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I was playing with Baire's Theorem, and seemed to deduce the following:

In a complete metric space $X$ that has no isolated points, any countable intersection of open dense sets is uncountable.

Proof:
Let $S$ be the countable intersection of open dense sets $\{U_n\}$. By Baire's Theorem $S$ is dense thus $U_n$ are open and dense. This implies that $U_n^c$ are nowhere dense. $$X = S\cup S^c = S\cup (\bigcap_n U_n)^c = S\cup \bigcup_n U_n^c.$$ If $S$ were countable, then $X = \bigcup_{s\in S}\{s\} \cup \bigcup_n U_n^c$. Since $X$ has no isolated points, every singleton set is closed and has empty interior, thus nowhere dense. We have just written $X$ has a countable union of nowhere dense sets. A contradiction to Baire's corollary.

As a corollary, any connected complete metric space, such as $\mathbb{R}$, must be uncountable (this gives a topological proof that $\mathbb{R}$ is uncountable). Also $\mathbb{Q}$ is not the intersection of open dense sets of $\mathbb{R}$.

I am a little bit suspicious about my proof, is it correct?

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  • $\begingroup$ @Mathmo123 No, he's talking about complements, not closure. $\endgroup$ – Thomas Andrews Aug 4 '14 at 22:11
  • $\begingroup$ It's correct, but the argument that $U_n^c$ is closed and has empty interior is quite roundabout. That is just the statement that $U_n$ is dense and open. $\endgroup$ – Daniel Fischer Aug 4 '14 at 22:18
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It seems like a more obvious proof is to avoid the corollary and use the theorem directly:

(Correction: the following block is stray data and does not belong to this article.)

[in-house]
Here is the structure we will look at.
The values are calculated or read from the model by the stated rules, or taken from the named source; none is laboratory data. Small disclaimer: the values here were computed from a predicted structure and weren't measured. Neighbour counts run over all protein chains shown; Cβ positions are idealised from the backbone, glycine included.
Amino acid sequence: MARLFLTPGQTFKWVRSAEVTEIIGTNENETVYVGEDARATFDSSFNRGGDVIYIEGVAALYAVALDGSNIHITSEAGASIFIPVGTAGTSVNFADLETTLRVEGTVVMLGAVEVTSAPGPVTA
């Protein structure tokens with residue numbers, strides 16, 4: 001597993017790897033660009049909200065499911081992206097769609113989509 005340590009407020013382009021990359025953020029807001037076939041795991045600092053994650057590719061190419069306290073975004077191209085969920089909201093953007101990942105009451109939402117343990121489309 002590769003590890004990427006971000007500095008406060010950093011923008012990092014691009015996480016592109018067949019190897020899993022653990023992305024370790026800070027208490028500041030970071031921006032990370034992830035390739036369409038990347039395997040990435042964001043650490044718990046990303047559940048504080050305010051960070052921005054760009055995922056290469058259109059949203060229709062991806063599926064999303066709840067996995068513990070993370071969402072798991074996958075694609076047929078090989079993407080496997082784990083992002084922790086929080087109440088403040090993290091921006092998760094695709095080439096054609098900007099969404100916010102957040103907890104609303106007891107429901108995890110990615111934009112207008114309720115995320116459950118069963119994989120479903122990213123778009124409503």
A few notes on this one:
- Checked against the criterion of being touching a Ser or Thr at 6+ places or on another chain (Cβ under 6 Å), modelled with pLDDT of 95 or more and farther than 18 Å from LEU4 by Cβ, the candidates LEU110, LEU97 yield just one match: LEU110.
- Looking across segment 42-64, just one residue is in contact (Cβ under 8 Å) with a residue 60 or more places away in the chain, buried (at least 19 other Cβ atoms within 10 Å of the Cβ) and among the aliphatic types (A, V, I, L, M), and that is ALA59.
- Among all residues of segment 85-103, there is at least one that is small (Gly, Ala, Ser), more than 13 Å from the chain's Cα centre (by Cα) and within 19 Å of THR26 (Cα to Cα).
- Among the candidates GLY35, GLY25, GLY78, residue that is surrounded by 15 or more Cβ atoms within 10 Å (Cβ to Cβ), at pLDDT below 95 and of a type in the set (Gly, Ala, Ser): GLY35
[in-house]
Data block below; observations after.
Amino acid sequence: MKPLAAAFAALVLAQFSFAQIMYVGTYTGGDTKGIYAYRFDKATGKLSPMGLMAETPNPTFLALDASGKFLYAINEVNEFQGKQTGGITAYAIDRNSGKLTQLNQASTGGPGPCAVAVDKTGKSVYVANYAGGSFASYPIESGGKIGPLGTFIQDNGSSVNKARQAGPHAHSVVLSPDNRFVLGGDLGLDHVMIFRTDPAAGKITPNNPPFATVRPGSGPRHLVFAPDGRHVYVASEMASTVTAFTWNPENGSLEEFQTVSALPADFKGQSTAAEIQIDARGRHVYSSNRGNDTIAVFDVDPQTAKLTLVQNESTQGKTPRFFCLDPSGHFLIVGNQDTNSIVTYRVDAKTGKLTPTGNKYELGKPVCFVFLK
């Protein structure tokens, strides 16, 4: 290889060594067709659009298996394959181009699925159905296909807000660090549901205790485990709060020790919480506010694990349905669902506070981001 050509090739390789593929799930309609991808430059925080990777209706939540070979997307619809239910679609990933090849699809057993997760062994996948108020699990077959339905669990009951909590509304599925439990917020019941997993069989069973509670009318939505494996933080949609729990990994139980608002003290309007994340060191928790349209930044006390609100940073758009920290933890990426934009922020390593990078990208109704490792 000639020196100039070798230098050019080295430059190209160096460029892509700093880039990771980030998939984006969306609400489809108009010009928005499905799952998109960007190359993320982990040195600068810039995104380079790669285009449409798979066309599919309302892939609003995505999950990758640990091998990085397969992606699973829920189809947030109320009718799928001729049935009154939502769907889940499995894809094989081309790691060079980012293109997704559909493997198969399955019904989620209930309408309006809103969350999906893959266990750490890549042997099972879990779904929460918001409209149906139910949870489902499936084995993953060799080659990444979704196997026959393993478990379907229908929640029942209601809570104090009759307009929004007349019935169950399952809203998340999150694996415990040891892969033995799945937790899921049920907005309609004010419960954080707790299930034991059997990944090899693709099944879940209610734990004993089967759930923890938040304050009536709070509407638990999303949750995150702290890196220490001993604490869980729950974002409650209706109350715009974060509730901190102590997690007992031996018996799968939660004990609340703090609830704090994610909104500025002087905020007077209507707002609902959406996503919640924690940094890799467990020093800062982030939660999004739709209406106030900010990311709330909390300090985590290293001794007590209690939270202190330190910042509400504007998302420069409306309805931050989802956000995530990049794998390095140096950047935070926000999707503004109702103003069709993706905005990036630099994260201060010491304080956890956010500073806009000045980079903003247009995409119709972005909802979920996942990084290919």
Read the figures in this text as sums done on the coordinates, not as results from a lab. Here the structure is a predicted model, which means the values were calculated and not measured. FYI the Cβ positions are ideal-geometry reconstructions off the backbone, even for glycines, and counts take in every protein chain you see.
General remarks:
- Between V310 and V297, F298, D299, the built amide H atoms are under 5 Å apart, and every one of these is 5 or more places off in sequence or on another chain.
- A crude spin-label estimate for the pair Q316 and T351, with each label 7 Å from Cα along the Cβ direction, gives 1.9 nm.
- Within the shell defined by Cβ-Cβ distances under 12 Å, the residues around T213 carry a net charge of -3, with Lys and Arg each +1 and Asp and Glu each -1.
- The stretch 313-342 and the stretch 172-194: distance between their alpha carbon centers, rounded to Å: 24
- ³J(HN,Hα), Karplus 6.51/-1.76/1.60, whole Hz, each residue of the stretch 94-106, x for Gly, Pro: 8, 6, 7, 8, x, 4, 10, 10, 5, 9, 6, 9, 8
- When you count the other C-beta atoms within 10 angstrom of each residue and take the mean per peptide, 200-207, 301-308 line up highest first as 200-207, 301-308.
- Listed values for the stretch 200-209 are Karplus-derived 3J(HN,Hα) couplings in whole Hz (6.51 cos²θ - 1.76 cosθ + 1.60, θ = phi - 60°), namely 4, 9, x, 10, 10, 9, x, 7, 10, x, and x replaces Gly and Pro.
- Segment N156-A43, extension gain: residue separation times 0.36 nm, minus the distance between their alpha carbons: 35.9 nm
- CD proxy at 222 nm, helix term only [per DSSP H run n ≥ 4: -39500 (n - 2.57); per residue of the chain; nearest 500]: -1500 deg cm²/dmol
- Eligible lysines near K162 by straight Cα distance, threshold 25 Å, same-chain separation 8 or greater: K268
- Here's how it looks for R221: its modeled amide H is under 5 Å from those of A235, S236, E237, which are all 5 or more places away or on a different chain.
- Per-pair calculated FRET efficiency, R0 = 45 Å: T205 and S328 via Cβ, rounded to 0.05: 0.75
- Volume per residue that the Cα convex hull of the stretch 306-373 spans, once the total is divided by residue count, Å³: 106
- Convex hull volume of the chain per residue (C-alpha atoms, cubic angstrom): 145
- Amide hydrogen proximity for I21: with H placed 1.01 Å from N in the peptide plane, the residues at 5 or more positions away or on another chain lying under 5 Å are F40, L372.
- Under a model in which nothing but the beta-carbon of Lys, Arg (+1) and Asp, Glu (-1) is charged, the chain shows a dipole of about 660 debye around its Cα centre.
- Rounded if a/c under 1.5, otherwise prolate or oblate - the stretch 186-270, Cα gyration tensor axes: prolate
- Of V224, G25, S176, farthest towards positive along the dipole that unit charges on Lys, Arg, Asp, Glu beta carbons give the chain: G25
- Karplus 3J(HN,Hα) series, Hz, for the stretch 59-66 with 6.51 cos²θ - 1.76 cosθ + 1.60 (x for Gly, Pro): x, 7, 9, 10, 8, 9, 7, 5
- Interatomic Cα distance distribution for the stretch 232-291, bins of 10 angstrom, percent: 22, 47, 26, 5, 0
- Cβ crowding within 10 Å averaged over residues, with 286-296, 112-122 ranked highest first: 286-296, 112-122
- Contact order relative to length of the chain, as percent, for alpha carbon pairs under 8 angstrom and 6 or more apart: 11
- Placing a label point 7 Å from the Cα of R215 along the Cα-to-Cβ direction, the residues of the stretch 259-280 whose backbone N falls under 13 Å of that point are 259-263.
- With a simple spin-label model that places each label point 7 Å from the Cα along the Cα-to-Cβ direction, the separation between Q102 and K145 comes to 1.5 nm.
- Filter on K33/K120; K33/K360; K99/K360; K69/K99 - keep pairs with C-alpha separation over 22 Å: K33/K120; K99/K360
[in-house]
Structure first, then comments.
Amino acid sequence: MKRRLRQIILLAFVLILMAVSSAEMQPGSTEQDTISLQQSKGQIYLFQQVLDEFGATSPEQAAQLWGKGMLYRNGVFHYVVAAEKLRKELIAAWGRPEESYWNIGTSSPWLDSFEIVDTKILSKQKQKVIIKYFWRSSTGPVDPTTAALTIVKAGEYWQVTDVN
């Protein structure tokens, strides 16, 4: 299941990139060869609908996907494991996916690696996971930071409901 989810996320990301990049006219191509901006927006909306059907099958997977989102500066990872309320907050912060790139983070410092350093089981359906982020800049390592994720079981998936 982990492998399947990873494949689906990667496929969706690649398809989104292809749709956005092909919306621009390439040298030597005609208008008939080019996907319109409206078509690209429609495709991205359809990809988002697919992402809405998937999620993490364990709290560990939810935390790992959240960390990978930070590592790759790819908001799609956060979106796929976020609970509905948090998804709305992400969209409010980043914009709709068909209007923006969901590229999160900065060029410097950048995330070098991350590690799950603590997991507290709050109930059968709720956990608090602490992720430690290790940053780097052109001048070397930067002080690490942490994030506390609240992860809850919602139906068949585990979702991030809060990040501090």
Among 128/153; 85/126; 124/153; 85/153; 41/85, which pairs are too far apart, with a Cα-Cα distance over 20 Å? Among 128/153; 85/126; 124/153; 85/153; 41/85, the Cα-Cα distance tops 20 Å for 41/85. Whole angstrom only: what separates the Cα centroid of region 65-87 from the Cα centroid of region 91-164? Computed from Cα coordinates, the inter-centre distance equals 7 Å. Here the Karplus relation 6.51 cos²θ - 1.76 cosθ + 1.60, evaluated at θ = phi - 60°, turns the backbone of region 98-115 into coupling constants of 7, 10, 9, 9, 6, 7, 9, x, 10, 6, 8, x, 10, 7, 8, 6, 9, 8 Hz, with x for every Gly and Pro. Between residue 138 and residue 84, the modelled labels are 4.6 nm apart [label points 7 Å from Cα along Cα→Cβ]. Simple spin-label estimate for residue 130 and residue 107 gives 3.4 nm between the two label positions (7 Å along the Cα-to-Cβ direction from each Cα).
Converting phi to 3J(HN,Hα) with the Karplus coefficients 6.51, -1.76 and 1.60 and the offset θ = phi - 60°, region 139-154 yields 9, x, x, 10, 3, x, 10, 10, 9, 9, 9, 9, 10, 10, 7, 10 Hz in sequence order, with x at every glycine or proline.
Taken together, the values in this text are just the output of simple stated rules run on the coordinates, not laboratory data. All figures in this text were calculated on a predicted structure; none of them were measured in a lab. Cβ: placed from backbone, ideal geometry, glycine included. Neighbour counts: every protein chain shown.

If $x$ is not an isolated point, then $X\setminus\{x\}$ is dense and open in $X$.

If $S=\{s_1,s_2,\dots\}$ is countable, define $V_n=X\setminus \{s_n\}$, which are dense and open since $X$ has no isolated points. Then $\emptyset = \bigcap V_n\cap\bigcap U_n$ is the the countable intersection of dense open sets.

This is essentially the dual of your proof.

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  • $\begingroup$ Under the assumption that $X$ has no isolated points. $\endgroup$ – mez Aug 4 '14 at 22:36
  • $\begingroup$ Which was in the question, yes. @mez $\endgroup$ – Thomas Andrews Aug 4 '14 at 22:36
  • $\begingroup$ Yea. Just to warn the reader that the lemma in your box is not true in general. $\endgroup$ – mez Aug 4 '14 at 22:37
  • $\begingroup$ Changed it to use the second argument, which is easier anyway. @mez $\endgroup$ – Thomas Andrews Aug 4 '14 at 22:40
  • $\begingroup$ The argument as given by Thomas is a nice way for showing that $\mathbb{Q}$ cannot be a $G_{\delta}$ set. $\endgroup$ – akech Oct 20 '14 at 2:36

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